Intelligent ID | March 8, 2018
The release of two new security reports confirm that healthcare has again topped the list of industries hardest hit by the insider threat. Both Verizon’s 2018 PHIDBR Report and Accenture’s latest release offer fresh insight into the extent of breaches caused by both malicious and accidental employee actions within healthcare organizations.
While technology available to the healthcare industry skyrockets, so does the amount of data and sensitive information required to keep it running. Compared to other major verticals, healthcare organizations utilize more PII and PHI on a daily basis and yet require it to be instantly available to many levels of employee at the same time. This seems particularly true in the US. In fact, Thales reports 77% of US healthcare organizations report they’ve had at least one data breach incident and 56% describe themselves as ‘vulnerable’ or ‘very vulnerable’ to an incident.
“Healthcare is a veritable treasure trove of valuable information,” says John Schoew, lead of Accenture’s health & public service security practice in North America. The adoption of electronic medical records (EMRs), wearables, and other healthcare technologies has created a wealth of data, making healthcare organizations an attractive target for data thieves, he says.
Another revelation from both Accenture and Verizon’s reports comes in the form of confessions from the users themselves. Like all industries, healthcare is not immune to everyday accidental breaches of data in the form of misplaced data, lack of secure workflow, or misdirected emails. These accidental breaches are increasingly common in the hurried, over-stressed healthcare environment where human error often comes into play. However, Accenture reports that 1 in 5 healthcare employees surveyed expressed that they would willingly sell unauthorized data to third parties including selling login credentials, transferring files, or installing tracking software on sensitive devices. Shockingly, 24% of employees said they knew someone who had already done so. Breaches of this nature are especially damaging, shining a spotlight on the organization’s security gaps.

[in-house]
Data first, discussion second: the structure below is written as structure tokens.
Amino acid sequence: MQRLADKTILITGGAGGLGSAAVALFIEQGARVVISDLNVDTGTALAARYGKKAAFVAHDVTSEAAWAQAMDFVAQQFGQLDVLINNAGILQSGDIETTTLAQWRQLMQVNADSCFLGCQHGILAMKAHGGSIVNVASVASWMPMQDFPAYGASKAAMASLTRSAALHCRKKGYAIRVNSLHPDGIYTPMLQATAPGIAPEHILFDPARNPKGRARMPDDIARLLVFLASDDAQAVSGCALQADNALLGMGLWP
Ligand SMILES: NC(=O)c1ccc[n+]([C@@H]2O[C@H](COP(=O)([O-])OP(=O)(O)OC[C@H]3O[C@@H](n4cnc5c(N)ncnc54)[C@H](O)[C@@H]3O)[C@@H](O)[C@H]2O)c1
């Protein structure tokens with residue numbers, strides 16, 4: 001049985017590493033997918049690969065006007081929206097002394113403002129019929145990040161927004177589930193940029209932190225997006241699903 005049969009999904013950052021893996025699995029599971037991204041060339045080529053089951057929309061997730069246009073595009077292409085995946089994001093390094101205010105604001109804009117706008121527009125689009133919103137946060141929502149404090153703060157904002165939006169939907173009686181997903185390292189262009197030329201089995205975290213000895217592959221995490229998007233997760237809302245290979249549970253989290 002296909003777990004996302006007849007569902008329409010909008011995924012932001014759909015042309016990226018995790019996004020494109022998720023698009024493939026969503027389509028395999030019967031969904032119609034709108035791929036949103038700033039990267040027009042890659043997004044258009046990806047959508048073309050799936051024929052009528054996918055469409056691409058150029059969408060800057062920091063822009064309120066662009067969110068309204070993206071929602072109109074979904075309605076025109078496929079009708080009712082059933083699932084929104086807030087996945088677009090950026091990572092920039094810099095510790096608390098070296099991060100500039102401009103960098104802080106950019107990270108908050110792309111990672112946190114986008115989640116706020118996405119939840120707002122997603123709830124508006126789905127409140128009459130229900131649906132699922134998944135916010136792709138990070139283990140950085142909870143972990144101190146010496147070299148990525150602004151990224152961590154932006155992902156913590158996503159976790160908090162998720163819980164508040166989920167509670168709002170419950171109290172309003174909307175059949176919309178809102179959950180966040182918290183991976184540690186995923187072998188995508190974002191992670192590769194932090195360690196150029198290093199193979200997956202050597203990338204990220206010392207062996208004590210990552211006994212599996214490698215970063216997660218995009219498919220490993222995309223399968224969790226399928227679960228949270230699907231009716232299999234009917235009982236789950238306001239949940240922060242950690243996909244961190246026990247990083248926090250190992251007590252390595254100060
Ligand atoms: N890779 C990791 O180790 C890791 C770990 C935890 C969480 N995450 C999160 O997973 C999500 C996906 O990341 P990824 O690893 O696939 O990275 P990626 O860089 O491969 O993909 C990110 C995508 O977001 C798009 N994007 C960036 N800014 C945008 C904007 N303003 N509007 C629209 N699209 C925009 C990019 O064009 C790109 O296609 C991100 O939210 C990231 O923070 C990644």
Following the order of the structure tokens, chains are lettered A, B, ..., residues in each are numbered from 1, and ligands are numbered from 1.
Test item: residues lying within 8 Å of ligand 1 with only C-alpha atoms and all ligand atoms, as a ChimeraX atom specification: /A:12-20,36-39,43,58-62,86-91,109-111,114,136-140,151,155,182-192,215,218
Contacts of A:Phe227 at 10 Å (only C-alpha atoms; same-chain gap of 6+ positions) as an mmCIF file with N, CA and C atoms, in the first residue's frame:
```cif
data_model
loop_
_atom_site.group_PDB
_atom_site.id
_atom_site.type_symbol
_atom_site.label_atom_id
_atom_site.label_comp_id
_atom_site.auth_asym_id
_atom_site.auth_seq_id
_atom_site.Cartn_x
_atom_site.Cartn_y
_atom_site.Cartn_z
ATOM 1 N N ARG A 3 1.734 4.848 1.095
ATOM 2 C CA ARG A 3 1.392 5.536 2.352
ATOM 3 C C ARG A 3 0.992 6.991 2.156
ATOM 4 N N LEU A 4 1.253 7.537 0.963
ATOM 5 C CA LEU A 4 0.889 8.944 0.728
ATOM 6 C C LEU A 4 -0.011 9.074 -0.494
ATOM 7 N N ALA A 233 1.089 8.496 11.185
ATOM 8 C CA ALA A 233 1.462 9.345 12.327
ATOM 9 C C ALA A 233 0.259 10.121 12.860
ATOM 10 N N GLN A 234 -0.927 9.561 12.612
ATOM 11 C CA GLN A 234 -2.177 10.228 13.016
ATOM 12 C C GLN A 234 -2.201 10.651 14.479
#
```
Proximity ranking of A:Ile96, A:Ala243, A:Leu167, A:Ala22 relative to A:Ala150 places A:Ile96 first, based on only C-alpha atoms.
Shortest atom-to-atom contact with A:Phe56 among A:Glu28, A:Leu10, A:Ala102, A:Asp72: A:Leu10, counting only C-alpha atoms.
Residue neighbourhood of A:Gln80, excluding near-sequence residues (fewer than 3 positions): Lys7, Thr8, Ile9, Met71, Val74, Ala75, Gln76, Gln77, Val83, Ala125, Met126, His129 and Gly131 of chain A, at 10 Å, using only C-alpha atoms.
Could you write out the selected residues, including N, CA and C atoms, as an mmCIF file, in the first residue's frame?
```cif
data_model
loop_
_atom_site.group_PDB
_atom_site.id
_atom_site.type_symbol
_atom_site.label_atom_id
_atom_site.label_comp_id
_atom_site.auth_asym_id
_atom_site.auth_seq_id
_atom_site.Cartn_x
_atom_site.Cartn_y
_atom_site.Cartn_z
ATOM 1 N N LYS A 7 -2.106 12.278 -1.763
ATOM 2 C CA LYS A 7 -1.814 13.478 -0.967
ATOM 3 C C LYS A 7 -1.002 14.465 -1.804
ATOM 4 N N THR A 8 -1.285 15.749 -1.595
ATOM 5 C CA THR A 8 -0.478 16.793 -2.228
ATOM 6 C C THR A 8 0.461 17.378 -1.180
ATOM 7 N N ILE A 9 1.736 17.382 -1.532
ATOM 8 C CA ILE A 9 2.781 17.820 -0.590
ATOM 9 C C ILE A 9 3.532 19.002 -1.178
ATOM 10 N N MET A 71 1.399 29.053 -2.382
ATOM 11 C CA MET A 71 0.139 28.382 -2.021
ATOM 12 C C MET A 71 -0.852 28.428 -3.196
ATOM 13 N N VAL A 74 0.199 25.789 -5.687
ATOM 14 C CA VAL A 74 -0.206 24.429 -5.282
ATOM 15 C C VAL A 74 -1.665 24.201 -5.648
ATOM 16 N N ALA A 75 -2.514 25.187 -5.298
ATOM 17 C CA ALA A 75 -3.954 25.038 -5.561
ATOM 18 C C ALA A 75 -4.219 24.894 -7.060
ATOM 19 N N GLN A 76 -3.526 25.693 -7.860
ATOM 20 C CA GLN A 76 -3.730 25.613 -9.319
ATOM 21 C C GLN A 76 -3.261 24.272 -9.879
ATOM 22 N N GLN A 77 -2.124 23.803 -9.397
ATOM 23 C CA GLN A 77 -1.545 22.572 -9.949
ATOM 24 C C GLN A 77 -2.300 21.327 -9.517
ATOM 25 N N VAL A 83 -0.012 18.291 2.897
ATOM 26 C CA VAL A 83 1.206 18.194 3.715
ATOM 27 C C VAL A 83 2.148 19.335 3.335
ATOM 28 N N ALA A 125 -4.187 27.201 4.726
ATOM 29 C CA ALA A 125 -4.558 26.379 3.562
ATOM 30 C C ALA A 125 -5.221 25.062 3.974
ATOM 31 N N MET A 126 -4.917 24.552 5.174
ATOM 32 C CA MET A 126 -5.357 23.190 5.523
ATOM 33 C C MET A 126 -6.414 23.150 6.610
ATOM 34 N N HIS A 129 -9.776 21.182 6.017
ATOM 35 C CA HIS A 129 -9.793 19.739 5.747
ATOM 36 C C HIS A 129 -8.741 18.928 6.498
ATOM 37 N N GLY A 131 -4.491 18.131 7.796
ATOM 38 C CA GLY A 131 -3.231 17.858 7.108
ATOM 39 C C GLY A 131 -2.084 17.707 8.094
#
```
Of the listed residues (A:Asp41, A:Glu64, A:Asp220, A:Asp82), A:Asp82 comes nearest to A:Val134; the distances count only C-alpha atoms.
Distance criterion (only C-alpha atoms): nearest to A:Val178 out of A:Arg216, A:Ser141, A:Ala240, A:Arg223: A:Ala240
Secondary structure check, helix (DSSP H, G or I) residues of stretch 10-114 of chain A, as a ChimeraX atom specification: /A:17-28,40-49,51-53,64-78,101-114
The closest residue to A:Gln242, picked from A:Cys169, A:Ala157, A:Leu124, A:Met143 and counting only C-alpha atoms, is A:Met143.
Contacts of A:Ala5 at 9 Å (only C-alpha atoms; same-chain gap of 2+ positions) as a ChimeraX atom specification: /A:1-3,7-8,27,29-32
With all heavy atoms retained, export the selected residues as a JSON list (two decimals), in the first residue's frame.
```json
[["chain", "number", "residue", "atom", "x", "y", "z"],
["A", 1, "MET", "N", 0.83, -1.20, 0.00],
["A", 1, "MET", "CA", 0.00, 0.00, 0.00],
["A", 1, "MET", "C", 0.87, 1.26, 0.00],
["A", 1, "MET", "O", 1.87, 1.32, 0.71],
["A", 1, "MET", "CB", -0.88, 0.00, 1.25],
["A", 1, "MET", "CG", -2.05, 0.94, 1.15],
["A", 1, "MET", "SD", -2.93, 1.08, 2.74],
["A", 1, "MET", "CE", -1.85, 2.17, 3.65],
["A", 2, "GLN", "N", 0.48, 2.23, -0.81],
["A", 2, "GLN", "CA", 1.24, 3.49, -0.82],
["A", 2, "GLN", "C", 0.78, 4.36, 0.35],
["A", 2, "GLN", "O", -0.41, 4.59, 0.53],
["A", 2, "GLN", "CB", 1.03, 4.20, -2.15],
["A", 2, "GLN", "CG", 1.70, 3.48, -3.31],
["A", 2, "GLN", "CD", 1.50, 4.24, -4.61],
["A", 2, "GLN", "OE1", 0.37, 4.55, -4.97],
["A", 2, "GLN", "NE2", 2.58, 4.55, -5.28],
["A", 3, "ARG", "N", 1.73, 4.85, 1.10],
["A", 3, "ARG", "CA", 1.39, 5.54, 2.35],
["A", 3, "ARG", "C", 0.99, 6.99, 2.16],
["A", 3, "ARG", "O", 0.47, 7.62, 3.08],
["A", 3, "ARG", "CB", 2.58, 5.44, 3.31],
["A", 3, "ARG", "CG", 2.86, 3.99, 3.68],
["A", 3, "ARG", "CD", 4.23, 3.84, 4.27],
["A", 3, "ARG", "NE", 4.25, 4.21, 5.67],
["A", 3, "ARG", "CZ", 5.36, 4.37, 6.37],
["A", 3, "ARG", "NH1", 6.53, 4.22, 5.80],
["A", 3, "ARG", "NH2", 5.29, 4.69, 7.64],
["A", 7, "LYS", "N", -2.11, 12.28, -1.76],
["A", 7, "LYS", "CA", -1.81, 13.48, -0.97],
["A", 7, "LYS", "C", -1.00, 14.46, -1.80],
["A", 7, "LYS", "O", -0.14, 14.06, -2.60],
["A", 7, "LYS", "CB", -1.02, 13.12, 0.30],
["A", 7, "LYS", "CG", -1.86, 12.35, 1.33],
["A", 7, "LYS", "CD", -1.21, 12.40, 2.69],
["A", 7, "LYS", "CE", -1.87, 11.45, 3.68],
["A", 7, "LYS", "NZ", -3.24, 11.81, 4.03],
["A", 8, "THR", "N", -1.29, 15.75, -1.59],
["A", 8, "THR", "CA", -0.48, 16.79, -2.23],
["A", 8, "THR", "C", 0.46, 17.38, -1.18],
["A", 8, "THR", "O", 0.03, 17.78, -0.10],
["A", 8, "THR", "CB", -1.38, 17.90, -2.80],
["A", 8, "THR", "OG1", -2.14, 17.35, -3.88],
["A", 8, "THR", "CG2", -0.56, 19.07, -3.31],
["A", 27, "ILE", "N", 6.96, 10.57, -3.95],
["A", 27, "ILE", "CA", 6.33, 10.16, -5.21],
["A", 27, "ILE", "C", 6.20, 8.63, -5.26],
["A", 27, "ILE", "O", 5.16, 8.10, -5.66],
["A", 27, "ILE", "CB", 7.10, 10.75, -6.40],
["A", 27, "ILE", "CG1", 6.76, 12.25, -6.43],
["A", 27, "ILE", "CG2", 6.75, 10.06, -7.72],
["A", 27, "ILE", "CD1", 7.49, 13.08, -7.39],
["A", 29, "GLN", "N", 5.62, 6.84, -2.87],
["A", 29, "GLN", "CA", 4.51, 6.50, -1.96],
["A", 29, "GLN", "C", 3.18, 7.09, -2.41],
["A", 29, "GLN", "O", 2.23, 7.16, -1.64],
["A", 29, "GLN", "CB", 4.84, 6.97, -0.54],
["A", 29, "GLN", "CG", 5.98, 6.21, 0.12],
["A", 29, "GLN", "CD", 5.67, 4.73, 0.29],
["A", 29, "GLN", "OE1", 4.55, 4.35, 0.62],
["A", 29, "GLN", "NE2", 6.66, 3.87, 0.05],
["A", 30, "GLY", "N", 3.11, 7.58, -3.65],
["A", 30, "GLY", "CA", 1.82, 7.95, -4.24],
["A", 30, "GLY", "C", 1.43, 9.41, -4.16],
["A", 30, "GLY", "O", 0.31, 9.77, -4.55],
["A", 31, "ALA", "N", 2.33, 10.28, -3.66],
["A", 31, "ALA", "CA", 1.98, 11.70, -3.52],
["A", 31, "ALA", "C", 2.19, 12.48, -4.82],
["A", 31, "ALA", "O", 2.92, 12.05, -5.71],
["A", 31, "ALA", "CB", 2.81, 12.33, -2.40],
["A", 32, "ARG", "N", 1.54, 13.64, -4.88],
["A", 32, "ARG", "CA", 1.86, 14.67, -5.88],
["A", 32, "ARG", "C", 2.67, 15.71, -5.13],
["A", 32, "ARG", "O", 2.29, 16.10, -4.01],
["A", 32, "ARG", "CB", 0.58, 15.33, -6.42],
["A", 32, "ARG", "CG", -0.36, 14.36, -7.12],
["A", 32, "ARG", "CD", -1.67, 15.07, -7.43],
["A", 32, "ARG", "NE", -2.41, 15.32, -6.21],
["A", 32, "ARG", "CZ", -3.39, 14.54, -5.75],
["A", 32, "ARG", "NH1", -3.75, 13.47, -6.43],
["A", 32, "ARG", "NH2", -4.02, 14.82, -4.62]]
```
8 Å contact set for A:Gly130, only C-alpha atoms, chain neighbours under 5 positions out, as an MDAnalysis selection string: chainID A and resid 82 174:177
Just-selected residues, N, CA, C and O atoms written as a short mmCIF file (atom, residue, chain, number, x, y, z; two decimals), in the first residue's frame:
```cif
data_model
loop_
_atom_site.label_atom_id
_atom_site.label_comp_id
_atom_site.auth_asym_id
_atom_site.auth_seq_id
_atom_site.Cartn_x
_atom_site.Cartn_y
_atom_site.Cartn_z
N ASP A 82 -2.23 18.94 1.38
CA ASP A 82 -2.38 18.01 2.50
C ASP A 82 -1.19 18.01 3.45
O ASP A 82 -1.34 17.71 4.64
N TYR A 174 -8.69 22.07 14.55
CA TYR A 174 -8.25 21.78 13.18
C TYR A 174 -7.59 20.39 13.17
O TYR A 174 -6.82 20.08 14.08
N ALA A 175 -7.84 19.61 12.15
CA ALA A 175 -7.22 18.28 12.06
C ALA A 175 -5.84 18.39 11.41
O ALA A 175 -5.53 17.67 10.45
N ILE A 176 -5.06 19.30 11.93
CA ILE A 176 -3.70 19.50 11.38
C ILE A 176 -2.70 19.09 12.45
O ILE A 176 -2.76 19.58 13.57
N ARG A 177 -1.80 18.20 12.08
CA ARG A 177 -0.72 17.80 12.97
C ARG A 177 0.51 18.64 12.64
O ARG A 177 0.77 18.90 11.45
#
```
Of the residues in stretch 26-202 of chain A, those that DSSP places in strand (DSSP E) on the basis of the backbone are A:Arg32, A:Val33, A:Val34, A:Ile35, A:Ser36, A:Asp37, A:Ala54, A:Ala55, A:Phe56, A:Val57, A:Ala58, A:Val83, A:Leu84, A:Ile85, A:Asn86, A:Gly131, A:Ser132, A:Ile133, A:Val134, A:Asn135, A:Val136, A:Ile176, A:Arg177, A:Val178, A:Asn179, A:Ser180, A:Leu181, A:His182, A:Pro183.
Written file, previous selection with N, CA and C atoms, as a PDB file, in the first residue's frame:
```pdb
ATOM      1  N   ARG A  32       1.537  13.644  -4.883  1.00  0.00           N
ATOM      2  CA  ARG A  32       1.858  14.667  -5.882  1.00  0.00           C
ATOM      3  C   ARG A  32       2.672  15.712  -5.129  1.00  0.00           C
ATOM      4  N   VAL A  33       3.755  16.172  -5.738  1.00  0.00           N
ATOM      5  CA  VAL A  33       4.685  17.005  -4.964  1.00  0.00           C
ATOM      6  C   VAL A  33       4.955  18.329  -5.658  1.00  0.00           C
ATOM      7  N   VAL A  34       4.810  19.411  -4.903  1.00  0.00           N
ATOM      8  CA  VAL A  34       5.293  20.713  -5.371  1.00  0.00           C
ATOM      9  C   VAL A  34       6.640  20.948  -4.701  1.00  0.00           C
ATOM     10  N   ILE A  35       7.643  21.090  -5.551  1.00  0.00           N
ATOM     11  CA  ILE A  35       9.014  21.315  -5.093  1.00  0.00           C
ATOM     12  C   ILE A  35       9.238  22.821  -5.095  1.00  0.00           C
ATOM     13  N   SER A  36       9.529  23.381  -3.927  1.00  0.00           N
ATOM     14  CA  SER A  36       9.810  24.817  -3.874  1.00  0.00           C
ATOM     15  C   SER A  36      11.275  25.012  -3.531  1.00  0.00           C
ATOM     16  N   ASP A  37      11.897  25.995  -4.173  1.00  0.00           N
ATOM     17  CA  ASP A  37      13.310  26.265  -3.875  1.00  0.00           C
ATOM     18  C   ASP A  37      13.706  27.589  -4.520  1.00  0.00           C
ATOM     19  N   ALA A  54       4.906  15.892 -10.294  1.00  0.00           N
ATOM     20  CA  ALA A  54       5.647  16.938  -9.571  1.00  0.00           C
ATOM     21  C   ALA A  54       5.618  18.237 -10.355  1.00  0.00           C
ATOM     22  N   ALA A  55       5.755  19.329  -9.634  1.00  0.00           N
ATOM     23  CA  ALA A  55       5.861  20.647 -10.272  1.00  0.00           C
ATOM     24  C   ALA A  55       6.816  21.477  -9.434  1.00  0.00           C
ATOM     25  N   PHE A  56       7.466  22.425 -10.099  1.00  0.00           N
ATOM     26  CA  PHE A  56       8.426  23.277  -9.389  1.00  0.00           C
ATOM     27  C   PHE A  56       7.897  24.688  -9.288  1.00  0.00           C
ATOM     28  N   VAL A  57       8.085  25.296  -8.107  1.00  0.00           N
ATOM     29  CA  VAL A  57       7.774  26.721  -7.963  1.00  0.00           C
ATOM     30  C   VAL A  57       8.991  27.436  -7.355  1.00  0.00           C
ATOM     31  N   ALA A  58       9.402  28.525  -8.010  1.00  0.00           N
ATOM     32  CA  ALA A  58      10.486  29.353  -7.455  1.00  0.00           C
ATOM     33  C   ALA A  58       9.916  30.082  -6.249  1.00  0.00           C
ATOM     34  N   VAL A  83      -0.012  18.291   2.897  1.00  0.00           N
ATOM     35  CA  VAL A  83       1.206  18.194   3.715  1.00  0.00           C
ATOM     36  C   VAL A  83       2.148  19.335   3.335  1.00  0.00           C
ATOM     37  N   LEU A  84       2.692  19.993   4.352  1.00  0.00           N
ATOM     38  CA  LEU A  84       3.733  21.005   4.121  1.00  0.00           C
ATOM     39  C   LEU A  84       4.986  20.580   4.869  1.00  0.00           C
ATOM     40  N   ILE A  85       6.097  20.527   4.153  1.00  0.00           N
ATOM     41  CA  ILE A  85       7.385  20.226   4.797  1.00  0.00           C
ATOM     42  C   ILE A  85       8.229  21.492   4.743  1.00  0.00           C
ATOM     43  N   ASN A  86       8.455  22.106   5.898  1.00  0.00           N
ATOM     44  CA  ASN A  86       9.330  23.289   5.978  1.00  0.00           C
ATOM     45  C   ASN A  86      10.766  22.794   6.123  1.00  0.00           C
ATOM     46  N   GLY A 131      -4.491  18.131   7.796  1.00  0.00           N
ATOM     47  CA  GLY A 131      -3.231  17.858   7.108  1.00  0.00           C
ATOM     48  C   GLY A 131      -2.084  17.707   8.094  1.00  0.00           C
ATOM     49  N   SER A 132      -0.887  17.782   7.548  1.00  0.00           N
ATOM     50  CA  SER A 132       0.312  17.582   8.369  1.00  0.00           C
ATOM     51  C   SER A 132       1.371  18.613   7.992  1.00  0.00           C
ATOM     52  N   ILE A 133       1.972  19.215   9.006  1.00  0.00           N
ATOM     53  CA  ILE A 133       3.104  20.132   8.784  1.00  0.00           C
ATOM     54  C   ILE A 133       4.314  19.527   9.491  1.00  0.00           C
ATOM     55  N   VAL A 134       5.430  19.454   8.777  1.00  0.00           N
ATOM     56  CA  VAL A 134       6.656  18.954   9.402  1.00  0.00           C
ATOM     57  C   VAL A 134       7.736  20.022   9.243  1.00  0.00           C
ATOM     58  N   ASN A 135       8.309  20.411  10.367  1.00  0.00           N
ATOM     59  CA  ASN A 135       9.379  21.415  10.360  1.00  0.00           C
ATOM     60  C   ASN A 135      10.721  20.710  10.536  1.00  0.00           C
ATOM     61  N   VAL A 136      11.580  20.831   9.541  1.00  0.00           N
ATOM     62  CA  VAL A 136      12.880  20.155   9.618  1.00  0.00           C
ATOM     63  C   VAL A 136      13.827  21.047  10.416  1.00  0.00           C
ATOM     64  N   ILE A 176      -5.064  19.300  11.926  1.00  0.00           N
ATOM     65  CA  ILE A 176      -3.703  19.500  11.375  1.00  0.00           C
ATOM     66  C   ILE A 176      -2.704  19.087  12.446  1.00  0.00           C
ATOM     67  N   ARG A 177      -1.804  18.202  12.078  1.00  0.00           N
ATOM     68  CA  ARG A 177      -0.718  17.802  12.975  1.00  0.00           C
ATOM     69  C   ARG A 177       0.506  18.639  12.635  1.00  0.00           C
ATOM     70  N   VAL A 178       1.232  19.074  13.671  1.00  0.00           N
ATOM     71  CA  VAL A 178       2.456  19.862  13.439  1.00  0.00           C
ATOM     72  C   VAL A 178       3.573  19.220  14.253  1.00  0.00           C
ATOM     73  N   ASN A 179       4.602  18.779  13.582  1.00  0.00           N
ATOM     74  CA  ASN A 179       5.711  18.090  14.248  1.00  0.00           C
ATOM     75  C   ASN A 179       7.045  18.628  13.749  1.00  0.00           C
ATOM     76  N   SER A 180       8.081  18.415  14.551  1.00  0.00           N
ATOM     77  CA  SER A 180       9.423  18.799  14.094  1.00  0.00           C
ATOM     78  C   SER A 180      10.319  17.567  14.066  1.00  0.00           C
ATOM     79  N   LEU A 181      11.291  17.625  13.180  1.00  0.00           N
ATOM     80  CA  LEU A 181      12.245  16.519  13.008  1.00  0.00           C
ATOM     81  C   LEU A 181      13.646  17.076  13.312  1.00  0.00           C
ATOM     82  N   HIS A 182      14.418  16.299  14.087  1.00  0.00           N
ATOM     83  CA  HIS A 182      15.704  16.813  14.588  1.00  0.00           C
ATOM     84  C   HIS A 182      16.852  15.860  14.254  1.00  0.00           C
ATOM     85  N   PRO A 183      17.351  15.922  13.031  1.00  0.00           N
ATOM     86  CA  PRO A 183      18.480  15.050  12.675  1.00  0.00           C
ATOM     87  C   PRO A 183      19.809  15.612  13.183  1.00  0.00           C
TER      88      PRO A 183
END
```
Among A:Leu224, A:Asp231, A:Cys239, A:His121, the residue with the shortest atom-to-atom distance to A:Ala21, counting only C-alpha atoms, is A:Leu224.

“When it comes to healthcare cybersecurity, however, the stakes are higher,” Schoew cautions. A healthcare data breach could have a significant impact on patient care, cause reputation damage, and hurt enormously from a financial standpoint. Accenture’s research has shown that cyber breaches cost individual healthcare providers on average of more than $12 million, and individual victims, an average of $2,500, he says.
With these challenges clearly identified, the goal of the security team must be to focus on a proactive, user-based approach that can close the gaps that network-based intrusion detection systems leave behind. In addition, the ability to tie security violations to compliance violations is vital in identifying risks at the endpoint level.
Intelligent ID is endpoint-based user monitoring and analytics software that secures organizations’ business assets by continuously monitoring and alerting management to suspect events taking place. We provide endpoint security by monitoring file and user activity across multiple channels, alerting administrators to abnormal behavior on your endpoints. Additionally, we offer both data at rest and data in motion solutions to suit the unique monitoring needs of your company, including data loss or theft activity, compliance infractions, workplace liability issues, inefficient use of time and resources, infrastructure concerns, insecure file access, and more. For further information, visit us at www.intelligentid.com or contact us at email@example.com. Don’t forget to follow us on Facebook, Twitter, LinkedIn, and Google+!